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Graph of the week

Graph of the week

17-05-2019 | Insight
The impact of the trade war is starting to show
  • Jaap  van der Hart
    Jaap
    van der Hart
    Equity Fund Manager
Source: Bloomberg, Robeco. Numbers are year-on-year growth rates of three-month averages

The China-US trade war is back on the agenda. While everyone awaited the announcement of a trade agreement, President Trump took to Twitter to reveal his plans to increase import tariffs from 10 to 25%. According to the US, China has reneged on its promises and this was the consequence.

He also threatened to impose the same 25% import tariff on another USD 300 billion of Chinese goods, in other words on all Chinese imports into the US. This is having direct consequences for the stock markets. The improved prospects for a trade agreement, which alongside the Fed’s policy U-turn were one of the reasons the market got off to a strong start this year, so this latest development is leading to market corrections.

The MSCI World Index, for instance, rose by 19% until the end of April and fell 3% in the first half of this month. For the Chinese equity market, the situation is more acute, as it rose 23% until the end of April, then dropped 6% in May.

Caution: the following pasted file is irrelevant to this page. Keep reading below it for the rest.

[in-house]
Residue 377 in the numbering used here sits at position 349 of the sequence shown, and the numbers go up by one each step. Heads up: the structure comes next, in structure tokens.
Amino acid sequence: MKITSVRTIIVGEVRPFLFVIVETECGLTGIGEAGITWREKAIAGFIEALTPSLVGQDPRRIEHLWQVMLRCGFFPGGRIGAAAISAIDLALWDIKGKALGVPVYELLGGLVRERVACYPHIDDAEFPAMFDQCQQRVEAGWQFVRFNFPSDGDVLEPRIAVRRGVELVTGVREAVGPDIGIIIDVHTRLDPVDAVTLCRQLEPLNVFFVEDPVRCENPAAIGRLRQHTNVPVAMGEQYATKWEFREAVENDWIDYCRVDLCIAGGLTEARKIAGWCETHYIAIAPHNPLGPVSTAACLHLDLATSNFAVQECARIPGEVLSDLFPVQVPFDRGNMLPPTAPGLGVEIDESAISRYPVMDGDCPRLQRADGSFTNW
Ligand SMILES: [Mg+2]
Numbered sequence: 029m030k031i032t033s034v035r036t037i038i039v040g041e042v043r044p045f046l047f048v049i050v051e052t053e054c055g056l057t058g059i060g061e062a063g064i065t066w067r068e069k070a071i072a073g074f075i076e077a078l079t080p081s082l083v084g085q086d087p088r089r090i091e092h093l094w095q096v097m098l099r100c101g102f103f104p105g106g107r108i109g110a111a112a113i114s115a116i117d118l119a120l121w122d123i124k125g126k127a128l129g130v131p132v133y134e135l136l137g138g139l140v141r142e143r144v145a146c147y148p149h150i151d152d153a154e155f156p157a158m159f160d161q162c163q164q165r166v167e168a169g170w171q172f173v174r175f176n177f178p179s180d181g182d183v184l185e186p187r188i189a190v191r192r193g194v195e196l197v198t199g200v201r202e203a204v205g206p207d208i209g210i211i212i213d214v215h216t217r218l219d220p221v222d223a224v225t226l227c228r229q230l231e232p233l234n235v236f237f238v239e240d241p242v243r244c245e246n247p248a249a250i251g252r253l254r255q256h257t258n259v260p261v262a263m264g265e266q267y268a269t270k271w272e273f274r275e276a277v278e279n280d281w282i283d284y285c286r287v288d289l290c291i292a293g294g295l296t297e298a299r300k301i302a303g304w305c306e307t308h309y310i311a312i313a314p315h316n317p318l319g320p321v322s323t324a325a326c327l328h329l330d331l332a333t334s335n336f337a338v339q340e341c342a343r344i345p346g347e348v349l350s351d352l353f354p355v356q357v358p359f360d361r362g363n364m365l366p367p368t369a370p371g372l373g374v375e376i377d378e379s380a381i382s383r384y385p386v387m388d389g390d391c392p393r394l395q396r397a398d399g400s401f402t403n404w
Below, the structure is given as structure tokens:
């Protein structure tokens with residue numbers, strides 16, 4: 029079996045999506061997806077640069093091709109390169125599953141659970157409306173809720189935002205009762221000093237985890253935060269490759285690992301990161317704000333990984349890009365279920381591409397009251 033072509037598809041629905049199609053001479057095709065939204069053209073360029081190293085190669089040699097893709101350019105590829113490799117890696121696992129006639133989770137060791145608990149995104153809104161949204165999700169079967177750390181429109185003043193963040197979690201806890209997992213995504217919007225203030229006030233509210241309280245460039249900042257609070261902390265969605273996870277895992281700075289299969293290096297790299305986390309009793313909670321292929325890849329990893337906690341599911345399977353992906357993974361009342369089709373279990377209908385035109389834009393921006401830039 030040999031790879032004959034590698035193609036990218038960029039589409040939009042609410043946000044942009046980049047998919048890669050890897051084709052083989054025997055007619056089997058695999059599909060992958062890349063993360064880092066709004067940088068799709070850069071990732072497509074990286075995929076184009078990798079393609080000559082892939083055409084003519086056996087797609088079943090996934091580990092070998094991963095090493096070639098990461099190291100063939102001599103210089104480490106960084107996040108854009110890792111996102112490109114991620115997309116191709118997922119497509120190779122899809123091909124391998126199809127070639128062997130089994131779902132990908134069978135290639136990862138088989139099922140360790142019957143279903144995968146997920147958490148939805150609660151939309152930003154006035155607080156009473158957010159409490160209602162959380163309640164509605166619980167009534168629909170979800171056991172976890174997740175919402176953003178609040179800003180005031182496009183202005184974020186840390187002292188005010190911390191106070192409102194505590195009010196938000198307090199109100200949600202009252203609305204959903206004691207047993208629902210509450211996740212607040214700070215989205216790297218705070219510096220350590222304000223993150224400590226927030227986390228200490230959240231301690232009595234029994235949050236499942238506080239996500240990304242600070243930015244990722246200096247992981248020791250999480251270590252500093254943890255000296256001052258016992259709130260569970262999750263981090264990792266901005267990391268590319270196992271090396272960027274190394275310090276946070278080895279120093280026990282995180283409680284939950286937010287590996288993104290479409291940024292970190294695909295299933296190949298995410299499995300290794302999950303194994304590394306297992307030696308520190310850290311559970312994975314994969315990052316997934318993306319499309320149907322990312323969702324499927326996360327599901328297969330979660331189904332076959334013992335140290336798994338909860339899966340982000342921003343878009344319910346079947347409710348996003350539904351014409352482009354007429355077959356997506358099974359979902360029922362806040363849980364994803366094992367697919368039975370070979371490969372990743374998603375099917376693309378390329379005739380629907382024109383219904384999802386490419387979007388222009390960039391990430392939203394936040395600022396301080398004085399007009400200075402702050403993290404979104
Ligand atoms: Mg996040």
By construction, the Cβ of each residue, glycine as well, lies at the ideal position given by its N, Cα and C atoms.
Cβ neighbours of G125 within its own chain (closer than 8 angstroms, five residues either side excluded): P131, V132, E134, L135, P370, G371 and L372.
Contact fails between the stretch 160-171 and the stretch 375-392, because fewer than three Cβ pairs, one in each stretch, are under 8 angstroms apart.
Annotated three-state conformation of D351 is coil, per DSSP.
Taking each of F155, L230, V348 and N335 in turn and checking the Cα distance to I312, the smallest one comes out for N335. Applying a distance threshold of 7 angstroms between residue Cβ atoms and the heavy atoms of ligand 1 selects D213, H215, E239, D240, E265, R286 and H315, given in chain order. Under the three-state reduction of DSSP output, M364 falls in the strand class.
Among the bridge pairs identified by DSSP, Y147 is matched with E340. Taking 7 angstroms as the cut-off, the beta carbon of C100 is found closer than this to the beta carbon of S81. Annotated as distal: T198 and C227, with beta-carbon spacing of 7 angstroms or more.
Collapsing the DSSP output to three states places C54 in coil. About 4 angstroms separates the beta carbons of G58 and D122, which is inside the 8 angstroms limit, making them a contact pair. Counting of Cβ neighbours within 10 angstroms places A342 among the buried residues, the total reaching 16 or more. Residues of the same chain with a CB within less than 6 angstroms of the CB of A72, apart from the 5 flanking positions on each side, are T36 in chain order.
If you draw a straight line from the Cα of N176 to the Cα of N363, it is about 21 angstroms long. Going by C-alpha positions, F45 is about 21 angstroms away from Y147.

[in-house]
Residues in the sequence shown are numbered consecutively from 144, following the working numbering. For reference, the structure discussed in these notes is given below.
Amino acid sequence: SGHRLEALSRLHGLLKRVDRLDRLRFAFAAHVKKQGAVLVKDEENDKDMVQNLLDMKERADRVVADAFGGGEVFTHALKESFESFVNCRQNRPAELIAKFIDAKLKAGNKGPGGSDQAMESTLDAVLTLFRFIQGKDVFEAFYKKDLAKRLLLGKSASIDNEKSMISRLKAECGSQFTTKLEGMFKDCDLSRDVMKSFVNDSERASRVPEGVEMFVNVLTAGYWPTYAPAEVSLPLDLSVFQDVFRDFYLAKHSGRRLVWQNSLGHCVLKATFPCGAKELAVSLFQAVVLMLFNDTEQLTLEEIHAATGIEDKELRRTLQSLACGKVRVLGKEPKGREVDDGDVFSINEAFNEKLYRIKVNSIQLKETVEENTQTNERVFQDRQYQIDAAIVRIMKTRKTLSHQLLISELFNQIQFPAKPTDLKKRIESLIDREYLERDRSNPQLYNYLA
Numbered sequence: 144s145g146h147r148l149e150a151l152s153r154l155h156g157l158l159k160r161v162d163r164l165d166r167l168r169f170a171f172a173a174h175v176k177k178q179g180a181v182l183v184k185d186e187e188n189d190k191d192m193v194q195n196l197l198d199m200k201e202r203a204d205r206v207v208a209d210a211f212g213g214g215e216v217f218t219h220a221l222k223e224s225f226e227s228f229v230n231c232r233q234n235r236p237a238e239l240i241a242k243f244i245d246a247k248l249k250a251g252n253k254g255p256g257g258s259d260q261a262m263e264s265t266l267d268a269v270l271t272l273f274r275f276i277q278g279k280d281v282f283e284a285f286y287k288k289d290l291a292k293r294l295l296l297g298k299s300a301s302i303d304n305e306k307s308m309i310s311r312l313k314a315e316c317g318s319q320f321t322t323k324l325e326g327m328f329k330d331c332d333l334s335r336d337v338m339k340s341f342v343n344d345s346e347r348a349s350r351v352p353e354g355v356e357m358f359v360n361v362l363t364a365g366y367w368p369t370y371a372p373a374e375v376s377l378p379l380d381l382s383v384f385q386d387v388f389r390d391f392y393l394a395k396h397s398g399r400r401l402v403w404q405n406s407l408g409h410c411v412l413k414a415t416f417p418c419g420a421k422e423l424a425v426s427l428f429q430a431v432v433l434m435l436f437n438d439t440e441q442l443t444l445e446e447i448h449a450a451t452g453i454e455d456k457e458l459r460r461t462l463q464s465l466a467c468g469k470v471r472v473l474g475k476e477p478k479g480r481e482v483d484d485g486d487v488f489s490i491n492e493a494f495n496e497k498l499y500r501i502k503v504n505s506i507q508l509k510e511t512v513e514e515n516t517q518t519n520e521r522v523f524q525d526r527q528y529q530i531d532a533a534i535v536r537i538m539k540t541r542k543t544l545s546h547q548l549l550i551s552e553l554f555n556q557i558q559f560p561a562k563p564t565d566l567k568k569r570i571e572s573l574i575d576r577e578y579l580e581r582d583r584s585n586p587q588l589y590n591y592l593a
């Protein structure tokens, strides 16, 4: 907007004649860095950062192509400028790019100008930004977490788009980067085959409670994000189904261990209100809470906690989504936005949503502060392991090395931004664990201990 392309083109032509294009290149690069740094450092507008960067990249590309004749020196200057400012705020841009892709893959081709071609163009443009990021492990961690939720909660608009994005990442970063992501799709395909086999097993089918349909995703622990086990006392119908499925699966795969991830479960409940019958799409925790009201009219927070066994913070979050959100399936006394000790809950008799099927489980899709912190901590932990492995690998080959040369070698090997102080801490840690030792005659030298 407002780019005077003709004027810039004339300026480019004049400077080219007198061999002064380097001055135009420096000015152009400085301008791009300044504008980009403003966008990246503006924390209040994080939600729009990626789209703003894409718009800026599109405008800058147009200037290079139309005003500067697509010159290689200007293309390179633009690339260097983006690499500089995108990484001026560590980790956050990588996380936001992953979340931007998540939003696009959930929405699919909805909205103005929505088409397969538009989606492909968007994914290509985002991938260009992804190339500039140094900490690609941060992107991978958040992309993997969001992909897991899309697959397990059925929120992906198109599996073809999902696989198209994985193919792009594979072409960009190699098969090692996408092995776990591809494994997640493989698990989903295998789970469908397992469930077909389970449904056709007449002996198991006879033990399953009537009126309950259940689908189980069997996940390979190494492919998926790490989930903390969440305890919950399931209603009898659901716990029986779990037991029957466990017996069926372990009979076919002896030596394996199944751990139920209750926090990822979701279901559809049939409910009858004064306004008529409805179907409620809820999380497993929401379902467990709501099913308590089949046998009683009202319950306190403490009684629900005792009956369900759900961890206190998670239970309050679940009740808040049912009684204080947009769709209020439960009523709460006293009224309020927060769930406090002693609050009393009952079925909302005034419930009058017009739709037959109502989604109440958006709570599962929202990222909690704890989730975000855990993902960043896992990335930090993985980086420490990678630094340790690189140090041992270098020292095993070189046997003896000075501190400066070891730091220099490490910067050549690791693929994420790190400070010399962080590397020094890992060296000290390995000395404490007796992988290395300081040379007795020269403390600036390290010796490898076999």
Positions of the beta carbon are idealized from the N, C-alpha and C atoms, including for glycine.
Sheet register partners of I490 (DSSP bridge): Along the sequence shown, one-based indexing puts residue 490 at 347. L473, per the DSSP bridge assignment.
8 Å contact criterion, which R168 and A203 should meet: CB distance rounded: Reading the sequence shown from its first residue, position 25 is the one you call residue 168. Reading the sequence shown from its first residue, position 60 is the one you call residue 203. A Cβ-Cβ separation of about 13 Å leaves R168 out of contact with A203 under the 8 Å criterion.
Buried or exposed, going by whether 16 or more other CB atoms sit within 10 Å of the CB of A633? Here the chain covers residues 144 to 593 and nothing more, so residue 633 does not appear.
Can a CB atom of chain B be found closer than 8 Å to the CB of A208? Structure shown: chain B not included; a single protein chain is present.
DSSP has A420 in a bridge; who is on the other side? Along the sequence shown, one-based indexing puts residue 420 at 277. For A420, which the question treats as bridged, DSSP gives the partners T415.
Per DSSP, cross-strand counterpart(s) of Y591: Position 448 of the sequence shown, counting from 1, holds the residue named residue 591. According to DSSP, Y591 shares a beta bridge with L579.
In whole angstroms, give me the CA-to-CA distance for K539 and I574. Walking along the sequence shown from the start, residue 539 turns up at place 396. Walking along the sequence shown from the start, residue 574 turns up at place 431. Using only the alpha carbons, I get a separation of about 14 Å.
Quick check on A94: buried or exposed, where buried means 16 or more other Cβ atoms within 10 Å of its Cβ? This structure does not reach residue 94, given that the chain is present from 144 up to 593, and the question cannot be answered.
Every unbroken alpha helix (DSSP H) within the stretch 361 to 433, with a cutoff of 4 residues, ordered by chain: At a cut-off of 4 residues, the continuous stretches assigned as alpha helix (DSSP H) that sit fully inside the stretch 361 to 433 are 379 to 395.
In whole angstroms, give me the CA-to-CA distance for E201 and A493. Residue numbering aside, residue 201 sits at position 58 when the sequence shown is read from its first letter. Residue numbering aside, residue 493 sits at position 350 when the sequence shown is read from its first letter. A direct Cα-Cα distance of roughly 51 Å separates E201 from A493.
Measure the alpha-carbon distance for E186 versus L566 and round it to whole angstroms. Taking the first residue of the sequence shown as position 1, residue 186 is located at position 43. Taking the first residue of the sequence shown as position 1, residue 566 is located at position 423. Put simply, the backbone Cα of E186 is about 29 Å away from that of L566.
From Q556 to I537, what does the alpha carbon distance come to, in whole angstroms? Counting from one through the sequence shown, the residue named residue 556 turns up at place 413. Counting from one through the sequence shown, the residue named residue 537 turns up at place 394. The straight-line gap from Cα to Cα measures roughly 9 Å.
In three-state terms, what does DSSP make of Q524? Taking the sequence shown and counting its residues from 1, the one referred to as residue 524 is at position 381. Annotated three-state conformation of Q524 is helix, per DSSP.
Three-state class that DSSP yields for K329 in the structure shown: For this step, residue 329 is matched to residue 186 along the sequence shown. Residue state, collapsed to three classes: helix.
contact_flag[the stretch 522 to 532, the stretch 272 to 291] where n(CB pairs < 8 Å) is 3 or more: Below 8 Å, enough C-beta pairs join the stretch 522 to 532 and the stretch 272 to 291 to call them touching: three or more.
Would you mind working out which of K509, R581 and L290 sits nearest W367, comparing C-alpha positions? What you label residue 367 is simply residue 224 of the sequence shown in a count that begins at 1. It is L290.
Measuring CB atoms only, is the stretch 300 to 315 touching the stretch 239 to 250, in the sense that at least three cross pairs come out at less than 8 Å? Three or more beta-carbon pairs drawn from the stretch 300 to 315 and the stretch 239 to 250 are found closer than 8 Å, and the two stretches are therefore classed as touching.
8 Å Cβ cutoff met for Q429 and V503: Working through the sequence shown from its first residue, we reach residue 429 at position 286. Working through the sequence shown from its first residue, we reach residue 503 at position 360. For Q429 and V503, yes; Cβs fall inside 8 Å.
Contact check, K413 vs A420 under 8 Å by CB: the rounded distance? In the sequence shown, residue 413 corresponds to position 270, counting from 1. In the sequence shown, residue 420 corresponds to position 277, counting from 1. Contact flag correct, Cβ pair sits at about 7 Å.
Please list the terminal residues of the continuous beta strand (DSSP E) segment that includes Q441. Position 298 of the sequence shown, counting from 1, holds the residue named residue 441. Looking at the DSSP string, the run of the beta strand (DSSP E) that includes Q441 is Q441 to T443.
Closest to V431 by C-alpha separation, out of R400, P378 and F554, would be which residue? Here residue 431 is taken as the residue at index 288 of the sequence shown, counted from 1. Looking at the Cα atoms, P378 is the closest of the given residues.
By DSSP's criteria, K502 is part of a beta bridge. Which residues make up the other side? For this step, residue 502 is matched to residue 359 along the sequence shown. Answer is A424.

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Significant potential impact on economic growth

The direct impact on Chinese exports has been relatively limited so far. In 2018, Chinese exports to the US rose in line with global trade trends. It is possible that, in anticipation of introduction of the tariffs on 1 January this year, companies sent additional goods across the oceans.

Only in recent months have we seen the volume of Chinese exports to the US decline significantly – and more so than total Chinese exports and total US imports. The trade war is bad news for the Chinese economy. Economists expect the current measures to bring down growth by 0.3 to 0.5%, due to both weaker exports and a knock-on effect on investments.

If the 25% import tariff is imposed on all Chinese goods, the country’s GDP growth rate will slow further by around 0.8 to 1%. To compensate for this, the government would likely take the necessary stimulus measures because, as a state-run economy, China has a direct say in how companies and banks are run.

Unexpected ally

However, a not insignificant side-effect of this would be a further increase in the country’s debt levels – something China has become more careful about in recent years. But let's not get ahead of ourselves. Negotiations are underway and a deal is still possible. In any case, the Chinese have an unexpected ally: the New York Stock Exchange.

Trump looks to the stock market as a key benchmark for his economic policies, and the stock market has a clear preference for a trade agreement.

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